Skip to main content

Do I pay for my teen's hair products?


Before going to the supermarket, I'll ask my daughters if they need anything for their bathroom: shampoo, conditioner, toothpaste.  The other day my oldest said, "Mom, I need mousse."

"Uh-huh," I answered and she walked off.  After she left, I thought, "Why am I buying her mousse?" 

Do I pay for the mousse?
When I was a high schooler,  my sisters and I bought our own hair spray and gel.  Heck, we had to buy our own clothes and sneakers - yes, that's right, our own sneakers.  I realize, this is extreme, but it still got me wondering whether I should buy her mousse.

Earlier in the year, I informed my oldest that if she wanted to hang out with friends, she pays.  She didn't like it at first but adjusted when she realized her friends were also paying their way.  Recently, I told her she had to buy her own junk food.  As such, she doesn't accompany me to the supermarket anymore.  I suppose those treats were an incentive.

So now, the newest is mousse.  I feel it is important to fit in at school and her hair is wild. The mousse keeps it tame but it's not a necessity.  I know the mousse is a simple thing but in perspective shouldn't she be learning to pay for her way?   And what other extras does she feel she need?

I would love to hear your opinion - and FYI, yes, my kids get a small allowance and my oldest works.

Comments

  1. Hmmm, I guess for me it's the price point that matters. If I wanted some Paul Mitchel super conditioner when I was a teenager, I had to buy it myself, but products priced reasonably were never an issue.

    ReplyDelete
    Replies
    1. I was thinking along the same lines - perhaps get the cheap stuff and if she wants the nice stuff well she can use her own money.

      Delete
  2. I believe it is important to teach our children the value of things. I agree with Jeri and if your daughter wants something specific that is out of the norm of what you usually purchase then make her pay for it. Beauty can be expensive. :-)

    ReplyDelete
    Replies
    1. Yes, beauty can be expensive. I think I'm ready to have a talk with her.

      Delete
  3. I hope you will keep in submitting new articles or blog posts & thank you for sharing your great experience among us.

    ReplyDelete
  4. I think it's good to teach kids about buying things with their own money. Afterall before long they will have to pay it for themselves. They need to learn the value of a dollar and that def helps.

    ReplyDelete
    Replies
    1. That was my thought when she first brought it up - on the other hand, she doesn't have too many sources of income.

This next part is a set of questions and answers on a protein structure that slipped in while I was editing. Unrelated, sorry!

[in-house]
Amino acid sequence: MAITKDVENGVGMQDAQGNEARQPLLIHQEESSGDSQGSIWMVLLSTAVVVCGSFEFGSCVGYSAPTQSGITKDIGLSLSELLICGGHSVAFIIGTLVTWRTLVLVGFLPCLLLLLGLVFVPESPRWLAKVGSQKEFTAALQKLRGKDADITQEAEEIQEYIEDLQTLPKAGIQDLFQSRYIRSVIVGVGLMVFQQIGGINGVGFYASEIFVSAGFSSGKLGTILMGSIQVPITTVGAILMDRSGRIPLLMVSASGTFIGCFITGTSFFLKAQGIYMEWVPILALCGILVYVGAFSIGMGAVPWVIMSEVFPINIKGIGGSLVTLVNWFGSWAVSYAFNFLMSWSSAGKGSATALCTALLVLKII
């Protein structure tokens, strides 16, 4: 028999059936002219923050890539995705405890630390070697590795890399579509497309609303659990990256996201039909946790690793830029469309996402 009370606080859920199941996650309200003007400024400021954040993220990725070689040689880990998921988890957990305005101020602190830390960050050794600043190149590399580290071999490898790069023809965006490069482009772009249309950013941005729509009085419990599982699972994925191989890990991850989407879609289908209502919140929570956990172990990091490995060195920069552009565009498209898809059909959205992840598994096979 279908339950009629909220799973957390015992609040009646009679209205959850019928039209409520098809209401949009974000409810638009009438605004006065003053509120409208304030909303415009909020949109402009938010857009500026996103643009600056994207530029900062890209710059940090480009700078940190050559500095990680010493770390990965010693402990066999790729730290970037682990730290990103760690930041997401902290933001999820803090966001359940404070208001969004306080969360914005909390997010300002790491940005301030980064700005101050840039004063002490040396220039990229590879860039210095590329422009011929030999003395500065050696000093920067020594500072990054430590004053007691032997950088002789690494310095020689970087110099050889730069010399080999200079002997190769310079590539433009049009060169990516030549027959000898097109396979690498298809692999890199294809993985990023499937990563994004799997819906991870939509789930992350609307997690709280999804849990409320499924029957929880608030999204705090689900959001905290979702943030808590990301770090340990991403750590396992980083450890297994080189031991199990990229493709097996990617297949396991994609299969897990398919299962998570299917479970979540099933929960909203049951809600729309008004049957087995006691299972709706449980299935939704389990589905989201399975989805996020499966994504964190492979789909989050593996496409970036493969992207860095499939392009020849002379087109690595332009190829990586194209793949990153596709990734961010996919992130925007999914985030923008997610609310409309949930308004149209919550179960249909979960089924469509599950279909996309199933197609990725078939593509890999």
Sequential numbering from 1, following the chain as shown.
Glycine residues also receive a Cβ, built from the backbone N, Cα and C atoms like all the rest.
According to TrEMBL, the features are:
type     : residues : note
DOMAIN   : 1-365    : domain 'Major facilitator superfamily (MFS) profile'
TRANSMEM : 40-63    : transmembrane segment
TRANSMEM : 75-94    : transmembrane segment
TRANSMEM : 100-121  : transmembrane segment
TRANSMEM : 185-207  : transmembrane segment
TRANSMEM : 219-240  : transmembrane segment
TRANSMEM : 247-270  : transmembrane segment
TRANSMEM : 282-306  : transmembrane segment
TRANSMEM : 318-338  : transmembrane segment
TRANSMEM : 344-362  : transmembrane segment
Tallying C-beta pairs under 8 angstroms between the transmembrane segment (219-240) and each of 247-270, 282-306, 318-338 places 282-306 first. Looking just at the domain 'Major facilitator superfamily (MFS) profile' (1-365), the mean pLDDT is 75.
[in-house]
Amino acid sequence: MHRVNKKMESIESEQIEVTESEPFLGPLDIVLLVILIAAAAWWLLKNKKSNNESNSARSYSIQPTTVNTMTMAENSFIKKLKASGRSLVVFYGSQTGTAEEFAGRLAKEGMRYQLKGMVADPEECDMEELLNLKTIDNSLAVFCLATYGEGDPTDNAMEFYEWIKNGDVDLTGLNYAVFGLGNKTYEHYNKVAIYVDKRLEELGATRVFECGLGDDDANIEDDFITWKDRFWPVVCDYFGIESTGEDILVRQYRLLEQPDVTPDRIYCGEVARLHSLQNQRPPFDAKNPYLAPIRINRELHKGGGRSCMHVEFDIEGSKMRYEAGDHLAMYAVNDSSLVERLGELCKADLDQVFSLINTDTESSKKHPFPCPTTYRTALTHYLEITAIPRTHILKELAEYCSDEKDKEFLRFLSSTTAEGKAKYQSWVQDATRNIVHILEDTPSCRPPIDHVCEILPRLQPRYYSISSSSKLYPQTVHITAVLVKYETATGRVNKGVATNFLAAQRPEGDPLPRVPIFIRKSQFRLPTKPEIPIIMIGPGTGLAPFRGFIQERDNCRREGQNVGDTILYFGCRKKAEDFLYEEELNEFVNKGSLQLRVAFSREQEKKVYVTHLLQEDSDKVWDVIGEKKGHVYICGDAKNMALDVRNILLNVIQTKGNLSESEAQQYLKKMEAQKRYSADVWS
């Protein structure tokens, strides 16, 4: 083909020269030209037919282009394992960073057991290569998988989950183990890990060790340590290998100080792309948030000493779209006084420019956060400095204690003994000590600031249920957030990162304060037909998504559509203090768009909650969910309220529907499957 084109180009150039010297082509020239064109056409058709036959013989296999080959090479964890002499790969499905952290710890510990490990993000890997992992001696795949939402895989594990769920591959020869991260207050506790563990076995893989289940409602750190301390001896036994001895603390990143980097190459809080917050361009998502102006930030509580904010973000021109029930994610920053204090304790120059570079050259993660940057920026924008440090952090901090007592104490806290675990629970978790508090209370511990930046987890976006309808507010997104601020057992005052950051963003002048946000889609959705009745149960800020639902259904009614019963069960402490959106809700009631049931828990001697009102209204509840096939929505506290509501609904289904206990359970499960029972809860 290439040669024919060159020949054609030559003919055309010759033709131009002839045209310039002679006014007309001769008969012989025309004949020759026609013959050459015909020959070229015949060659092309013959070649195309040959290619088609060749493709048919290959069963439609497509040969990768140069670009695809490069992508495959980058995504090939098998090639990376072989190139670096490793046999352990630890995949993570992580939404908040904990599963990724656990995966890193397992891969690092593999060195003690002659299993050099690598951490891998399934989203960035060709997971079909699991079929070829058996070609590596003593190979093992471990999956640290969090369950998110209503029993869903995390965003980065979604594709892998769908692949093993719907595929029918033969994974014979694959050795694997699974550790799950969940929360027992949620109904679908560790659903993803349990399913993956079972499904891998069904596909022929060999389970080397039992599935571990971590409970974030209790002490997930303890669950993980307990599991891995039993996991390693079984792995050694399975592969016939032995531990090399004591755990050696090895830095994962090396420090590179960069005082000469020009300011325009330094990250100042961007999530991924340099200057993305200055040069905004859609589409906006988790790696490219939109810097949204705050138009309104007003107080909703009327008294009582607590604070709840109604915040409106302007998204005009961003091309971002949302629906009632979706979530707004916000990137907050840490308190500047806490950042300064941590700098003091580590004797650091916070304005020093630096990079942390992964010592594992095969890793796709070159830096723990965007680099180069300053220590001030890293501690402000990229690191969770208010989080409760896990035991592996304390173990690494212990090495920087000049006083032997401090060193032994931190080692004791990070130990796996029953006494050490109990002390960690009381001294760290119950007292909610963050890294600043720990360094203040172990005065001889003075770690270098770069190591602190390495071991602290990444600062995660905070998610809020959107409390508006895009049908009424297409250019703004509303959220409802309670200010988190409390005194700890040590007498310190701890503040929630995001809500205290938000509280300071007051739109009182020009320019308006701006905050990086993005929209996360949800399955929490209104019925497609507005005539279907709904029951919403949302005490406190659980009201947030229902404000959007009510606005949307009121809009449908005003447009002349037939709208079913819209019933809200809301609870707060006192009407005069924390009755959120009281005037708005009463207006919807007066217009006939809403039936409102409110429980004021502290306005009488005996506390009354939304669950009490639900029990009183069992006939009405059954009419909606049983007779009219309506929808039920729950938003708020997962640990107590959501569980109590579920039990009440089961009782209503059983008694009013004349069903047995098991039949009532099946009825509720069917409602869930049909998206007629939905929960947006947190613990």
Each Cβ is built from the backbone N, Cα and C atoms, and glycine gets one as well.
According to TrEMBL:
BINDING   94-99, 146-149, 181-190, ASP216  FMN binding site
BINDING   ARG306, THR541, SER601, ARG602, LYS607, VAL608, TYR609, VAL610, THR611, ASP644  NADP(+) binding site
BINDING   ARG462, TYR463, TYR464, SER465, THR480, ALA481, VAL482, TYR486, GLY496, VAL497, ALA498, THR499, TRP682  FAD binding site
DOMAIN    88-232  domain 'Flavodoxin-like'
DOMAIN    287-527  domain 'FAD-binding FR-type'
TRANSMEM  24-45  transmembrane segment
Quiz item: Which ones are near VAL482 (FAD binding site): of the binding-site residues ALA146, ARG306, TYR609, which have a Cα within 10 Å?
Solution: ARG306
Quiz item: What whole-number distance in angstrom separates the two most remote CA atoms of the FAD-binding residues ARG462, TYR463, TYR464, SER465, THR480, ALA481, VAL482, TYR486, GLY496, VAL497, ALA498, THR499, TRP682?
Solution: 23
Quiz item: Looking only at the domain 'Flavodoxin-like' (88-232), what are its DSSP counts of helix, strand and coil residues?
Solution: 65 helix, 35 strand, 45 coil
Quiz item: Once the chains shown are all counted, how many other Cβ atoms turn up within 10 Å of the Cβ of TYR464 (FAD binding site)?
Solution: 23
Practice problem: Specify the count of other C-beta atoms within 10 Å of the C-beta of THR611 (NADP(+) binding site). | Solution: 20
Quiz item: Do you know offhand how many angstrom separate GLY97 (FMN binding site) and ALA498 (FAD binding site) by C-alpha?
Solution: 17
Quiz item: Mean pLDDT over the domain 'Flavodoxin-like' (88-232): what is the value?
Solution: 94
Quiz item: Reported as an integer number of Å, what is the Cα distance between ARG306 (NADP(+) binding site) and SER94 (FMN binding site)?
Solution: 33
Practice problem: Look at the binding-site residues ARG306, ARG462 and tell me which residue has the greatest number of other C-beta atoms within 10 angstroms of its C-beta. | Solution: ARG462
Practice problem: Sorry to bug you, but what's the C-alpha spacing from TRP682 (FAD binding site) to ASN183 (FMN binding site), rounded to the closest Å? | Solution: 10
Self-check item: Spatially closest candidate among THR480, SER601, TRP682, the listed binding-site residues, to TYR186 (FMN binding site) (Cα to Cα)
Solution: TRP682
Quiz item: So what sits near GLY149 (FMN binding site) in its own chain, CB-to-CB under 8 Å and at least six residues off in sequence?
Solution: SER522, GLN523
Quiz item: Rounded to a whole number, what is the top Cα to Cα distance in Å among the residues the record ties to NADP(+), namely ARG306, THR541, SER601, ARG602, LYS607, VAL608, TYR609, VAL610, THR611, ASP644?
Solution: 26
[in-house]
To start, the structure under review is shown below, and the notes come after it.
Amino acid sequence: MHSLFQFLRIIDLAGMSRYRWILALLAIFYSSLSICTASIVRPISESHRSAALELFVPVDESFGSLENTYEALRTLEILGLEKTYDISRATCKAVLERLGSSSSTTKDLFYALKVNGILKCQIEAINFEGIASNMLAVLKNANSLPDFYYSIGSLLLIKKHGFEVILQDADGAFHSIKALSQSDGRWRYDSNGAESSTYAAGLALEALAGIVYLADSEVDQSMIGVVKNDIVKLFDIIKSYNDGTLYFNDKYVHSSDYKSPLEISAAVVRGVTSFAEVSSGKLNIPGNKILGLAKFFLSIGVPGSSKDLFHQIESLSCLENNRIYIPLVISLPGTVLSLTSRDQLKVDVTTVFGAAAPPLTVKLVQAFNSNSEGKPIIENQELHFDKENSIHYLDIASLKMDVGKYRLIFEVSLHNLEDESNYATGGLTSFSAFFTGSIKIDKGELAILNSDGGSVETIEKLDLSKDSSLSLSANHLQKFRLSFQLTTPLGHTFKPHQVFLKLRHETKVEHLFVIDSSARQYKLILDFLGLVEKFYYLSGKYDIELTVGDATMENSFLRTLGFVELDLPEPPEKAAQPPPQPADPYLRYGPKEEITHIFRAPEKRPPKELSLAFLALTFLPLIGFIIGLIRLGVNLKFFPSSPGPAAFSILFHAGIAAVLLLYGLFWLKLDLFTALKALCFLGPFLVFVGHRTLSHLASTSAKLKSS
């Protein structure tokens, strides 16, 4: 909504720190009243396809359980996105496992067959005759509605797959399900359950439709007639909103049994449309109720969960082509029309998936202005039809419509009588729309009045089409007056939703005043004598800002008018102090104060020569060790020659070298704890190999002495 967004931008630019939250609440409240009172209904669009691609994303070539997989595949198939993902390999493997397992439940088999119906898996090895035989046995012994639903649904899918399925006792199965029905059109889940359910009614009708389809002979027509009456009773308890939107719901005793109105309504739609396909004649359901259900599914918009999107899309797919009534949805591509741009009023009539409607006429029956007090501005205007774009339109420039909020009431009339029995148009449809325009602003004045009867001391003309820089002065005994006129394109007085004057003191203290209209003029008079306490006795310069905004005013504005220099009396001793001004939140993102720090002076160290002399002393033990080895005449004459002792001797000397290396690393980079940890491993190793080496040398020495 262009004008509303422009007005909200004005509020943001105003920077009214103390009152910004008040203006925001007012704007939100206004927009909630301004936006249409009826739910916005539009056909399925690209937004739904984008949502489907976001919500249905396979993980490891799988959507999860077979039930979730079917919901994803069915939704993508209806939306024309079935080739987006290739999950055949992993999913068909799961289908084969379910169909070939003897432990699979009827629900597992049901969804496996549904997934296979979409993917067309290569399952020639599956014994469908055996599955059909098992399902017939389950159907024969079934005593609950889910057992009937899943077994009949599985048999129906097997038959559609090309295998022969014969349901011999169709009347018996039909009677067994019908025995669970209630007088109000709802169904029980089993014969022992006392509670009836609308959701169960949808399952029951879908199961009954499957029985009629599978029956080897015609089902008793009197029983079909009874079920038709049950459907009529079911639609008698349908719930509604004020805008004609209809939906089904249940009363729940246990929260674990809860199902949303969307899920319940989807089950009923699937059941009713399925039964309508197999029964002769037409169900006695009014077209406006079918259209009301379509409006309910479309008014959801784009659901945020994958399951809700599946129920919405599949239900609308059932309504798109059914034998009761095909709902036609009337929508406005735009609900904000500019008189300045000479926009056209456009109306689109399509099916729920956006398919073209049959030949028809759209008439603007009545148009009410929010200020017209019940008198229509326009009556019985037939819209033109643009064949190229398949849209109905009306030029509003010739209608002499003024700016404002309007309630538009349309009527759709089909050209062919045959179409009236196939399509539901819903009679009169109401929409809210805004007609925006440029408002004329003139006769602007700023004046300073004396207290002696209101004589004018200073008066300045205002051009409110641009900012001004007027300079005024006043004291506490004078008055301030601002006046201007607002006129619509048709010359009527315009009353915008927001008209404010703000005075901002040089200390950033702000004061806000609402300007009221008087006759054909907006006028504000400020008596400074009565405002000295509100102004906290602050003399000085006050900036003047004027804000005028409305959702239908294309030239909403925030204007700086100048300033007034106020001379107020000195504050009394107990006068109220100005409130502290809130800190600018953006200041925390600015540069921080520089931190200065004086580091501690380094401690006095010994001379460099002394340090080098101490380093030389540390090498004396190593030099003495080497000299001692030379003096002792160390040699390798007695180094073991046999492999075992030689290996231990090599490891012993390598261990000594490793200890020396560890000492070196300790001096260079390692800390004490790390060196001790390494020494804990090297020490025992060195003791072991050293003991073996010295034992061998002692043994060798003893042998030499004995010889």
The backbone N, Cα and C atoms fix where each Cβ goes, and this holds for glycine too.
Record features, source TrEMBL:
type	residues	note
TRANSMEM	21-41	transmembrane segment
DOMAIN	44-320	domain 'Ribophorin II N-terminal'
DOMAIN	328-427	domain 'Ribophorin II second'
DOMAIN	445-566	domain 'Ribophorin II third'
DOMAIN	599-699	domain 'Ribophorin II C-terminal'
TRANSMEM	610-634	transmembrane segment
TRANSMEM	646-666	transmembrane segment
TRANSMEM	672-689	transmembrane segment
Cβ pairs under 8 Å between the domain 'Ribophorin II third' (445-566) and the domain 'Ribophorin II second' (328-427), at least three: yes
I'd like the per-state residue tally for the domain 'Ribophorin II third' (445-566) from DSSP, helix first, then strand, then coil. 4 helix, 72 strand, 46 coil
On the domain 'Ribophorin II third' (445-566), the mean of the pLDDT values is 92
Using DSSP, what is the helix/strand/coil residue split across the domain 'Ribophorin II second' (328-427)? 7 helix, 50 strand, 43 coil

Delete

Post a Comment

Popular posts from this blog

A Procrastination Coach? - maybe later

Nearing the end of the holiday season usually means last minute shopping, baking, and celebrating.  Then, around the corner, is the New Year.  In the back of my mind, my new year's resolutions are forming, like a de-cluttered house, a larger inventory and my very own website.

However, the end of the year should be about reflection as well and what we've accomplished.  I started a regular blog, became a youtube partner as well as being invited to a couple of youtube conglomerates, and in this last month, I opened my etsy shop.  All this from my home office with distractions like the laundry and dishes begging to be cleaned, a dog that barks when I'm on the phone and kids who think I am there to wait on them hand and foot.(And yet, they are always surprised when I don't <shaking head>)

Along my 2013 journey, I virtually met the procrastination coach.  Her blogs were insightful and useful.  I learned about why we procrastinate, how to recognize it and how it can be …

10 Tips for the new school year

A new school year is around the corner.  I've been doing the First day of school for over 10 years.  I thought I'd pass on some tips.

Go to the open houses so you can put faces to names when the kids talk about their teachers.
The Vice Principal in elementary school is usually more useful than the principal (and we've been to three different elementary schools).
If you want to know what's going on in the classroom, ask the teacher if you can sit in on the class.  If you ask nice enough, most teachers welcome it.
The difficult teachers are more likely to listen when I get my husband involved.  This one still makes me roll my eyes, but there it is.  Of course, be sure your husband is on your side.  I had a friend who husband would flip-flop and it backfired.  I suppose that's why teachers want Dads involved.  Lucky for me, my husband and I always agreed.
No matter what the school says, you are the biggest advocate for your child, you have seen them grow and know their his…

A quiet Confidence

When I was young, I liked staying home, reading books, watching T.V., exploring the neighborhood, and creating my own adventures. I have 10 brothers and sisters, most of whom would party, go shopping or just hang out with friends. I can think of three very distinct times in my early life when I was told, I should find some friends. Each time it was painful, probably because each time it came from someone close to me and they were telling me that something wrong with me and that perhaps others saw the same thing. I think this isolated me even more. In truth, I enjoyed being alone. I enjoyed exploring the neighborhood on my bike. I enjoyed getting lost in a book. I practically lived at the library. (Even today when I move to a new place, I first check out the library.) I enjoyed climbing trees, and creating adventures in the woods near the house. As an adult, I see now that I was perfectly fine. I recently watched the TED video - linked below. Some of the things Susan Cain …